1st Meditation: Skeptical Doubts
The Meditator seeks to form a better understanding of his knowledge framework by employing doubt on everything he has come to believe is true. He acknowledges that through his senses he has been able arrive at certain truths about the world, however, when he concerns himself with the things he senses in his dreams he realizes that certain facets cannot be entirely true and so are cast into doubt. The Meditator goes on to analyze God before turning to what he calls an evil demon that is designed to deceive all that we believe to be true, thus by casting doubt on everything he can elude this demon’s falsehoods.
2nd Meditation, Part 1: Cogito ergo sum & Sum res cogitans
The Meditator continues to cast doubt on everything he believes to know, even his own existence. However, as he follows his line of questioning he arrives at the famous “cogito ergo sum” (“I think, therefore I am”). The Meditator concludes that the fact that there is an “I” that thinks and that can doubt suggests that thought is inseparable from being, thus he must exist, if he did not think, he would not exist. This formulation, known as the sum res cogitans, therefore puts forth the idea that he is a thinking thing.
2nd Meditation, Part 2: The Wax Argument
After concluding that the “I” can think, imagine, and sense, the Meditator moves on to the Wax argument to show how even though a piece of wax can change shape and form we can still recognize it as a piece of wax. The Meditator’s process of thinking allows him to place the intellect as above our senses and the imagination when it pertains to how we come to know things, such as how the same piece of wax, even if it has changed its constitution, can still be understood as a piece of wax.
3rd Meditation, Part 1: Clear and Distinct Perceptions & Descartes’s Theory of Ideas
After asserting that perception and sensation are not adequate forms of knowing for certain, the Meditator decides to turn his focus on the nature of God, but before he can do so he speculates on the different kinds of thoughts, the three different forms of ideas, and the levels of which we can doubt assumptions.
3rd Meditation, Part 2: Descartes’s Theory of Ideas (continued)
The Meditator considers the relationship between ideas and thoughts, both formal and objective.
3rd Meditation, Part 3: The Existence of God & The Cartesian Circle
The Meditator delves deeper into exploring the possibility of God’s existence through his intellect.
4th Meditation, Part 1: God Is No Deceiver
The Meditator arrives at two conclusions, one is that God is not a deceiver, and two is that since the Mediator is a product of God’s creation he must have God’s capacity for infallibility. However, the Meditator discovers a contradiction, while God is infinite, omnipotent, and omniscient, the Meditator, himself, is finite and still open to making mistakes, thus the Meditator locates himself somewhere in between. Finally, the Meditator suggests that it is not worthwhile to try to understand God’s motives, or to think of one’s singular self as an individual product of God’s will, but instead to think of oneself as a part for the whole of all of God’s creations.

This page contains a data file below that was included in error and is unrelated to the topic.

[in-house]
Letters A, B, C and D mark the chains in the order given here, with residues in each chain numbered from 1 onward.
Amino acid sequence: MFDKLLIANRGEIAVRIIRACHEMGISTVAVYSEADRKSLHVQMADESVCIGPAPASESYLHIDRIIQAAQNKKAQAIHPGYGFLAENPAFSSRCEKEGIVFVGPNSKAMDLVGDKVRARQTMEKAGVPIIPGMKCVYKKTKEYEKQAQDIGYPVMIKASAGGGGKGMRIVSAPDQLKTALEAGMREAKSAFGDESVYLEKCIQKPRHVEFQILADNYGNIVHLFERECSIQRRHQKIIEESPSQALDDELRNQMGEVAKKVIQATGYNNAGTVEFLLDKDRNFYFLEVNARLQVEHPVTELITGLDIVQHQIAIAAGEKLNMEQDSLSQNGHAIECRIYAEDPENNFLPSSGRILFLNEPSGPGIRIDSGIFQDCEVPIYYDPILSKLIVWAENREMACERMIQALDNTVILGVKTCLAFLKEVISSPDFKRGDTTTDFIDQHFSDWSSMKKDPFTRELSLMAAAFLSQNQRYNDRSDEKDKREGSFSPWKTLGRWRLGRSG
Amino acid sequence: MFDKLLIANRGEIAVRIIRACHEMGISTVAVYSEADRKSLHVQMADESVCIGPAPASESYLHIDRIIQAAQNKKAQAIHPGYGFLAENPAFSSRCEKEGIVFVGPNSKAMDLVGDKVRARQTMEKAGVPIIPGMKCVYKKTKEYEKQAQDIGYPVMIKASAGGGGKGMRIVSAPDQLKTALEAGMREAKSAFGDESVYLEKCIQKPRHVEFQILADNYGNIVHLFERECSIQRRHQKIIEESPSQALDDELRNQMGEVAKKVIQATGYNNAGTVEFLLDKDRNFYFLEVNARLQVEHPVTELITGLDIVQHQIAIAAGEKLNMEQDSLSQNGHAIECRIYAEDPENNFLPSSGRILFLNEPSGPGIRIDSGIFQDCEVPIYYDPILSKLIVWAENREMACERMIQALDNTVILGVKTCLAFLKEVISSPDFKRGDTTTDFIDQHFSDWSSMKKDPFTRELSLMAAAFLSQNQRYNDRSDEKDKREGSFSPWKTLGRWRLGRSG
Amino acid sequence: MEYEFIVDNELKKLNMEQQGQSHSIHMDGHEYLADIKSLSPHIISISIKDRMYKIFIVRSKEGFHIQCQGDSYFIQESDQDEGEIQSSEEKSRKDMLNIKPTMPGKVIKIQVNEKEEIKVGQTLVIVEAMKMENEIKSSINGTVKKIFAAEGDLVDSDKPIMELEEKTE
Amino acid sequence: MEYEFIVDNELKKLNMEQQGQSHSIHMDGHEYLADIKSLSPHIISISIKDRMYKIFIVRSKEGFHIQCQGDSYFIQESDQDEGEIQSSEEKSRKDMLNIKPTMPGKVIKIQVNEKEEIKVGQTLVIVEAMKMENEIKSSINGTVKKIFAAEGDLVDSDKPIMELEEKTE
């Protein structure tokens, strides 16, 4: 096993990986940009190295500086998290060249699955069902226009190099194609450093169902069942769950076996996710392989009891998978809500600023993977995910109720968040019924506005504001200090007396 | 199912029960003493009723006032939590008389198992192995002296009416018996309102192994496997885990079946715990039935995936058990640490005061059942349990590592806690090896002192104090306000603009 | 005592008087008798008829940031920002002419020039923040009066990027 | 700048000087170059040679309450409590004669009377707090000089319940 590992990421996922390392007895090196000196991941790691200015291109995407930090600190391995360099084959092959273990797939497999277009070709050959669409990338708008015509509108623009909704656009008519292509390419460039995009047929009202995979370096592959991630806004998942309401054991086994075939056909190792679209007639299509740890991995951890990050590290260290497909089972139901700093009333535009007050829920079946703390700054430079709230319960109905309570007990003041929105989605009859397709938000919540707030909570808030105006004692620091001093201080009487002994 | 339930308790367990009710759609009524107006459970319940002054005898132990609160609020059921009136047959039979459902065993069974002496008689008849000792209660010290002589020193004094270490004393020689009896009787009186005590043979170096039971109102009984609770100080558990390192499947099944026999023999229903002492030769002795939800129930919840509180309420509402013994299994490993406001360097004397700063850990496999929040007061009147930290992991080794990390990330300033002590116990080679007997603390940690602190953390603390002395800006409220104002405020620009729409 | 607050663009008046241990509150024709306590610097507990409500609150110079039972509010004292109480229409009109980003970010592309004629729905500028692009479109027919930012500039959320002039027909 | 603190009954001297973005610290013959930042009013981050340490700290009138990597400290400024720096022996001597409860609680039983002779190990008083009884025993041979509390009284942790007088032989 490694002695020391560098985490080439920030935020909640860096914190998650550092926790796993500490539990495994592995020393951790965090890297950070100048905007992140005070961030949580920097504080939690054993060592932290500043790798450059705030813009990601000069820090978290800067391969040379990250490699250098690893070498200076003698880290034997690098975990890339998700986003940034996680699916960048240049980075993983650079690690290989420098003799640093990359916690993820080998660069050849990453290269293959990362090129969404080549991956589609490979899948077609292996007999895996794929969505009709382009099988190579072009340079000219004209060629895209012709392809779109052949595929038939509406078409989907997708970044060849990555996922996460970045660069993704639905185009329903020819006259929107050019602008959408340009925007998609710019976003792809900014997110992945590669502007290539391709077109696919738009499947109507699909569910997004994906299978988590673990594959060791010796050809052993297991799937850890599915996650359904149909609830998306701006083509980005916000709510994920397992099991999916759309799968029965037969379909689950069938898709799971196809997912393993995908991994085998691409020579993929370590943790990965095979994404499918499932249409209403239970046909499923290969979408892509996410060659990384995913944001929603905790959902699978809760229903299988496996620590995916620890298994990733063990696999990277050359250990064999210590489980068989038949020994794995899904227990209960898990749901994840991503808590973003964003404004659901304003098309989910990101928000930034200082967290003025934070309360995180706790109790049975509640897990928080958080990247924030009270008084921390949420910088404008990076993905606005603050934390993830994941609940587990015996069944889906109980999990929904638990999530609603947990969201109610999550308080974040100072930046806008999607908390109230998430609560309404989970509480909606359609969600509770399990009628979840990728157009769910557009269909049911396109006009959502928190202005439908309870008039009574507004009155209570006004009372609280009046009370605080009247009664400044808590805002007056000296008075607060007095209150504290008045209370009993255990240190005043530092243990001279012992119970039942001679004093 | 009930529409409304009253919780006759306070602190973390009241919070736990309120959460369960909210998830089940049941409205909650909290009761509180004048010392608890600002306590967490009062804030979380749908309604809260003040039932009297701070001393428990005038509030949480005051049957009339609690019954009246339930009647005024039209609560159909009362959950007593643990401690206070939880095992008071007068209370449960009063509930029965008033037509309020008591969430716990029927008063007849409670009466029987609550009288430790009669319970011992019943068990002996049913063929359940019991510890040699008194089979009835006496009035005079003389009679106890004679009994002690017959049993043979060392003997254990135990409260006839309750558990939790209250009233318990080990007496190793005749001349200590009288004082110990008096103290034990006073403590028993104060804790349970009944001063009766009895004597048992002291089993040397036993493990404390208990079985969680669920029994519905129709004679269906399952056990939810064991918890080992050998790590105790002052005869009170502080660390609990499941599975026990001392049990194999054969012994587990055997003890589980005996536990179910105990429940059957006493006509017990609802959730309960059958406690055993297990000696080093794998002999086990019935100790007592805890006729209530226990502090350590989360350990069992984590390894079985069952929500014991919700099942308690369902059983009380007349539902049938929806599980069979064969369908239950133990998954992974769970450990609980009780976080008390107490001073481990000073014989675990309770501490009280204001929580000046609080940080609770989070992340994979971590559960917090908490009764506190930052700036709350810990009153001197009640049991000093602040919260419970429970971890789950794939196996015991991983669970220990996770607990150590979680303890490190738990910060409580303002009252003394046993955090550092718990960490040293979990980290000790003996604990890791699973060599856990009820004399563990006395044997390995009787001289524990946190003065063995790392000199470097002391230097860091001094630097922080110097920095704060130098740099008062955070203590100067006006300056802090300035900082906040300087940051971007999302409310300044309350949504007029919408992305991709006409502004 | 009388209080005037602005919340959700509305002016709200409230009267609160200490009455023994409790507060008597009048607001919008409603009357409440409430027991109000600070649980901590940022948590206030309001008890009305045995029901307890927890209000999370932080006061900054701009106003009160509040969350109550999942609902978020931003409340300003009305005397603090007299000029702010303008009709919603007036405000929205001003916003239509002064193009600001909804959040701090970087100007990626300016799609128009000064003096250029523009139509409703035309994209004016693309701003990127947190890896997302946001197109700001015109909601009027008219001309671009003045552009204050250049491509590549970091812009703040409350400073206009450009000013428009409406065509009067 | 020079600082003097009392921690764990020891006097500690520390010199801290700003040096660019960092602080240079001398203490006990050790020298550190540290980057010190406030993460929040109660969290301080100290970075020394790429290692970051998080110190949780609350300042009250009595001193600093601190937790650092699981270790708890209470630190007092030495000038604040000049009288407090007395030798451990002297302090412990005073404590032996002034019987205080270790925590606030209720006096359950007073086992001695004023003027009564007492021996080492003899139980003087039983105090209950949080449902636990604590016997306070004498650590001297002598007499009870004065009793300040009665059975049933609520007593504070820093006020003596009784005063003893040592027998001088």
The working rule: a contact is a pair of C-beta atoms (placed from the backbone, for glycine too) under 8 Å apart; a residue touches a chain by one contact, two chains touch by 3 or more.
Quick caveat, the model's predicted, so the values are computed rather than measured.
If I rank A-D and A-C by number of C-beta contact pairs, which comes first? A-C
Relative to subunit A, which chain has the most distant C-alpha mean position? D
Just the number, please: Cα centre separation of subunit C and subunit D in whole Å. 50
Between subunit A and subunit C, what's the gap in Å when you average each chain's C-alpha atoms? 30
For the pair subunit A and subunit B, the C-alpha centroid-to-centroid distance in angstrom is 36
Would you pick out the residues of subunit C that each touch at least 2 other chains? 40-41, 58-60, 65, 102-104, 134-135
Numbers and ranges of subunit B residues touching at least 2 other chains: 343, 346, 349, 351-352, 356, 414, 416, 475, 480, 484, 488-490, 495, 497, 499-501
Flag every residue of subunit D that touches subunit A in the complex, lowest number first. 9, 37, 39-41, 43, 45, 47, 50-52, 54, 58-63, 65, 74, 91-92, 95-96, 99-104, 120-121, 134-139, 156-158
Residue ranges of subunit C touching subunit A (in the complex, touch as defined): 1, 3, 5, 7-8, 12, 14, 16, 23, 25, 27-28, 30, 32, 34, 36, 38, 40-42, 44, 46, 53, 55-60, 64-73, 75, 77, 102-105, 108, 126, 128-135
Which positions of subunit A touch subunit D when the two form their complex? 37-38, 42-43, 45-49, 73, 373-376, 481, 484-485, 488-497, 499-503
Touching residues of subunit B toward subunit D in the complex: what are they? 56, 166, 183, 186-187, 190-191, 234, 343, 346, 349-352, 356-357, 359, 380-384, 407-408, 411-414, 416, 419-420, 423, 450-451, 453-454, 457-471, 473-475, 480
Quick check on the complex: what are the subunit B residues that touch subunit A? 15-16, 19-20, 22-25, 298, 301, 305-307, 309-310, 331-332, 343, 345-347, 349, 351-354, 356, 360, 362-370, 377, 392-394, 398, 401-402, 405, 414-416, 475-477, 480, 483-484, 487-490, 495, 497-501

4th Meditation, Part 2: Will, Intellect, and the Possibility of Error
The Meditator ponders where the source of error comes from, interrogating both the intellect and the will as potential sources, describing the differences between them, and places particular emphasis on the power of the will to make judgements. Descartes concludes that free will is in fact the source of error.
5th Meditation: The Essence of Material Things & The Existence of God Considered a Second Time
The Meditator turns his focus on his understanding of mathematical and geometric objects and how he can come to understand if they do not exist materially in the word, and through an investigation of triangles, the Meditator is also able to find proof for God’s existence, and how God is the reason for his ability to make inferences based on his perceptions.
6th Meditation, Part 1: Cartesian Body
According to the Meditator materials things exist based on the imagination and the senses. The imagination being tied to the body, while the senses and sensation are derived from outside of the body.
6th Meditation, Part 2: Mind-Body Dualism
The Meditator analyzes the relationship and distinction between the mind and the body, wondering how they exist in relation to sensory perception and imagination, and how and if they can be considered as two separate entities.
6th Meditation, Part 3: Primary and Second Qualities
The Meditator considers primary qualities and secondary qualities and what and what they cannot tell us about the world or about what we can or should feel about the world such as pain or pleasure. This distinction is what the Meditator thinks about as that between sensory and intellectual perception. This division is further broken down between sensationalism and physicalism and their relationship to the secondary qualities and how they inform how we understand the world. In the end, the senses are not perfect, but should be considered guideposts for helping us maneuver knowledge and the truth as it pertains to our bodies.